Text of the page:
Mobile Home Syndrome: Engineered Woods and the Making of a New Domestic Ecology in the Post–World War II Era
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Mobile Home Syndrome
Engineered Woods and the Making of a New Domestic Ecology in the Post–World War II Era

In the early months of 1978 W. H. (“Dub”) and Barbara Alley shopped everywhere in Tulsa for a new home. Being renters at the time, the middle-aged couple wanted an affordable place to shelter them from Oklahoma’s hot, humid summers and a house they could move to nearby Keystone Lake when they retired. Most of all, as Dub said, they wanted “something that would be ours.”1 A mobile home was their answer. After looking at many models, the Alleys special-ordered a brand-new, fourteen-foot-by-seventy-six-foot American Mobile Home with custom colors and changes “to make it real livable,” as Barbara said.2 After they moved into the long, narrow, aluminum-clad trailer that had arrived at their rented trailer-park space in April, they proudly sent photographs of every room to their daughter in Arizona to show her “how nice the new home was.”3 They viewed their trailer as a refuge, a sacrosanct space holding nature at bay.

But the dwelling proved to be no sanctuary. The Alleys soon found that their new home betrayed their trust. Immediately upon taking possession of it, the couple noticed a strong, sour, chemical smell. Through the spring they attempted to air out the structure. But when the oppressive heat of summer arrived, it forced them to shut the doors and windows and rely on air conditioning. The odor worsened, burning and stinging the eyes, noses, and throats of inhabitants and guests alike. “If you’d take a deep breath,” [End Page 260] Dub recalled, “it just felt like—I’ve breathed acid fumes, and that’s what it felt like, right on down the windpipe into the lungs, I presume.”4 Then Dub and Barbara began to get sick. Constantly fatigued, irritable, withdrawn, unable to eat, and his skin yellow, Dub reached a crisis point in July 1978, four months after moving into his mobile home. Exhausted, itching and burning all over, nauseated, and constipated, he could no longer work despite physicians’ treatments and medications. As their financial and physical well-being deteriorated, the Alleys realized that it was their home that was harming them. Seeping from the structure’s plywood and particle-board, formaldehyde gas polluted the domestic space. Finally, unable to tolerate their interior environment, the Alleys abandoned their trailer house. “Mobile home syndrome” had driven them from their longed-for domestic haven.5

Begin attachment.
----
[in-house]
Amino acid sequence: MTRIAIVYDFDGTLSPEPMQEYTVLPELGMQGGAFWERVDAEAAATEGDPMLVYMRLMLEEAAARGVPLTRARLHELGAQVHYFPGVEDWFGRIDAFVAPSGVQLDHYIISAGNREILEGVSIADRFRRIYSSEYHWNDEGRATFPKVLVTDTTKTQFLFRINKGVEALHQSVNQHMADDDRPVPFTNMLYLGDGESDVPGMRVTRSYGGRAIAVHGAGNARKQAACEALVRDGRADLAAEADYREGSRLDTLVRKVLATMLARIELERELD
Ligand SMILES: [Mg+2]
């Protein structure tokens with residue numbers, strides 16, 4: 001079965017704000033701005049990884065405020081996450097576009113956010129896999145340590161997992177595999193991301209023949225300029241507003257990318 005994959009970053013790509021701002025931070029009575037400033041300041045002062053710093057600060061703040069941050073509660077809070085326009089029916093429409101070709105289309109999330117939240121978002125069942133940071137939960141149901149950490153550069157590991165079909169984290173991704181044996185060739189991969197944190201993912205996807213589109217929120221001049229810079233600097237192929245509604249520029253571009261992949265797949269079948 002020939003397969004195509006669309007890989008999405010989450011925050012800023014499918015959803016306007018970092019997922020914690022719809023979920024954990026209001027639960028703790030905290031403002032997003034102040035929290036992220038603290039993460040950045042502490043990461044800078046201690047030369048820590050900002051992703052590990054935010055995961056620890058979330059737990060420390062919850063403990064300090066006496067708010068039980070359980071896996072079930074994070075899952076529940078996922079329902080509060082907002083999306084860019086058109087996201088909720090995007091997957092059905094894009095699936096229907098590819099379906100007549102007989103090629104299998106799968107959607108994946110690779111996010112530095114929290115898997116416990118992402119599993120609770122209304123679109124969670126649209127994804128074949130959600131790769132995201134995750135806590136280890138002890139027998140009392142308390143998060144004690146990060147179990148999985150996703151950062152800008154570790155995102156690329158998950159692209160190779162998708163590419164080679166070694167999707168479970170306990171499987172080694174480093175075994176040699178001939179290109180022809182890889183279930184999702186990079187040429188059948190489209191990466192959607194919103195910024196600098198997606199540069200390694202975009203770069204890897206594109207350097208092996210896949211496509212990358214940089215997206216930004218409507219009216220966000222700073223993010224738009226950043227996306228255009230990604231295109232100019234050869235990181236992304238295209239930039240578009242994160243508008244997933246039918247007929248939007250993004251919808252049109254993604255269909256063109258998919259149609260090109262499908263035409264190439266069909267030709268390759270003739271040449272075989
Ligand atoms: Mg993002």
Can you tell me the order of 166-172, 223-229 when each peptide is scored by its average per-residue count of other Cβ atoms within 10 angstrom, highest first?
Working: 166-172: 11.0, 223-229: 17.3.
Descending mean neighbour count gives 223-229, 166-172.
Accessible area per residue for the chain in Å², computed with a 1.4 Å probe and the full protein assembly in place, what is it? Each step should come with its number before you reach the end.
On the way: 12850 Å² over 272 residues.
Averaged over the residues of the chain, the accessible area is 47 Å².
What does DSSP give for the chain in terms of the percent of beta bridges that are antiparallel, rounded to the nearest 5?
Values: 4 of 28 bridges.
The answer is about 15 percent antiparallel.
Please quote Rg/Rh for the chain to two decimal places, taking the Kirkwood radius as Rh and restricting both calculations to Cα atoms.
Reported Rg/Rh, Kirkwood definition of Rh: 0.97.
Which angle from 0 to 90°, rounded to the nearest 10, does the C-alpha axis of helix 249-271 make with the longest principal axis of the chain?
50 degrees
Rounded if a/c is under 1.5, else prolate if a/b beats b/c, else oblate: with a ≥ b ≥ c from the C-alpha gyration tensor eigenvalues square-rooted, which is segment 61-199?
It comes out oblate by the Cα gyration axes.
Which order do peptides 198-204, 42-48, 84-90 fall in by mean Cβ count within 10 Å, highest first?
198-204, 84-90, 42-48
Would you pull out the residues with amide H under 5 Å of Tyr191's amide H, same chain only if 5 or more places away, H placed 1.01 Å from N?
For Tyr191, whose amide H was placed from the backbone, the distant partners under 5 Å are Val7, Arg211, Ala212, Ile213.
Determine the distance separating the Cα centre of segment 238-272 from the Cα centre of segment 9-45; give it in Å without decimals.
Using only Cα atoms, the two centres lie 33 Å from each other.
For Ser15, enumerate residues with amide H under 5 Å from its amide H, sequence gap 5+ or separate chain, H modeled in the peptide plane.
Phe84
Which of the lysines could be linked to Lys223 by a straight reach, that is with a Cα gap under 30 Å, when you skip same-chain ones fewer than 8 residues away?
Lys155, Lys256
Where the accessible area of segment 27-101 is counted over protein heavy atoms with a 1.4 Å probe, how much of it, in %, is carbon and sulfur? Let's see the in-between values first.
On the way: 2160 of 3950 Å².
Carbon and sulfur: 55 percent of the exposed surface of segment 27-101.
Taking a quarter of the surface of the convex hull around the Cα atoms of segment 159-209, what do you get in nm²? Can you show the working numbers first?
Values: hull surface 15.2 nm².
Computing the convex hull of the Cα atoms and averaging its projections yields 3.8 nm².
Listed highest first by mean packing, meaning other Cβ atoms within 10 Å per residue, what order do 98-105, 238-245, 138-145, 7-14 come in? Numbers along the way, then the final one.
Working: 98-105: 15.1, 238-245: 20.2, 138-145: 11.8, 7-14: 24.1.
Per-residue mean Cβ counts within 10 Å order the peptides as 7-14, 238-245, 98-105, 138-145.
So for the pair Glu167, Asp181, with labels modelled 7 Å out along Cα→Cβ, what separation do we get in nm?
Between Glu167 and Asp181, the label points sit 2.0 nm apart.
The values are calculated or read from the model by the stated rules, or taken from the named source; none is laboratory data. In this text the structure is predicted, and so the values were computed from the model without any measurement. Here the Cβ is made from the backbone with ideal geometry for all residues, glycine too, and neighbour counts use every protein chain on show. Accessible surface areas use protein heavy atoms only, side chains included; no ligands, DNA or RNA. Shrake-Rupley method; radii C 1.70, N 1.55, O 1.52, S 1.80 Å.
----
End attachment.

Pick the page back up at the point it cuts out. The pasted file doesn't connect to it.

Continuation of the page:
The threat to the Alleys’ health arose not from a polluted external nature, which so occupied the middle class during the 1960s and 1970s, but instead emanated from the built environment itself. Unknowingly, the couple had entered a new domestic ecosystem created by a revolution in home construction after World War II. The technology of modern houses depended upon cheap, mass-produced, petroleum-based building components that rapidly replaced traditional materials. In particular, engineered woods like plywood and particleboard made possible the construction boom and democratization of ownership that marked the cold war era. These hybrids of synthetic resins and wood fiber made up the very skin of houses—walls, floors, and roofs—enclosing an interior space with human biology at its center. The danger arose when these manufactured materials emitted formaldehyde molecules that penetrated and harmed human tissues. Chemistry had transformed the ecology of the home, placing bodies in jeopardy.6

Formaldehyde fumes escaping from synthetic materials potentially threatened everyone who lived in postwar residences, though working-class Americans faced the highest risks from unhealthy spaces. They inhabited the cheapest dwellings, those that utilized the most artificial components [End Page 261] like plywood and particleboard. Especially vulnerable were families, such as the Alleys, who chose mobile homes and their disproportionately high amount of petrochemically derived products. They had little recourse when chemical sicknesses struck them; dealers had broken no laws and violated no health standards. People like Dub and Barbara Alley could only bring lawsuits against the makers of engineered woods and mobile homes.

Through such legal action, Americans participated in the environmental awareness of the late 1970s. But as mobile home syndrome hurt...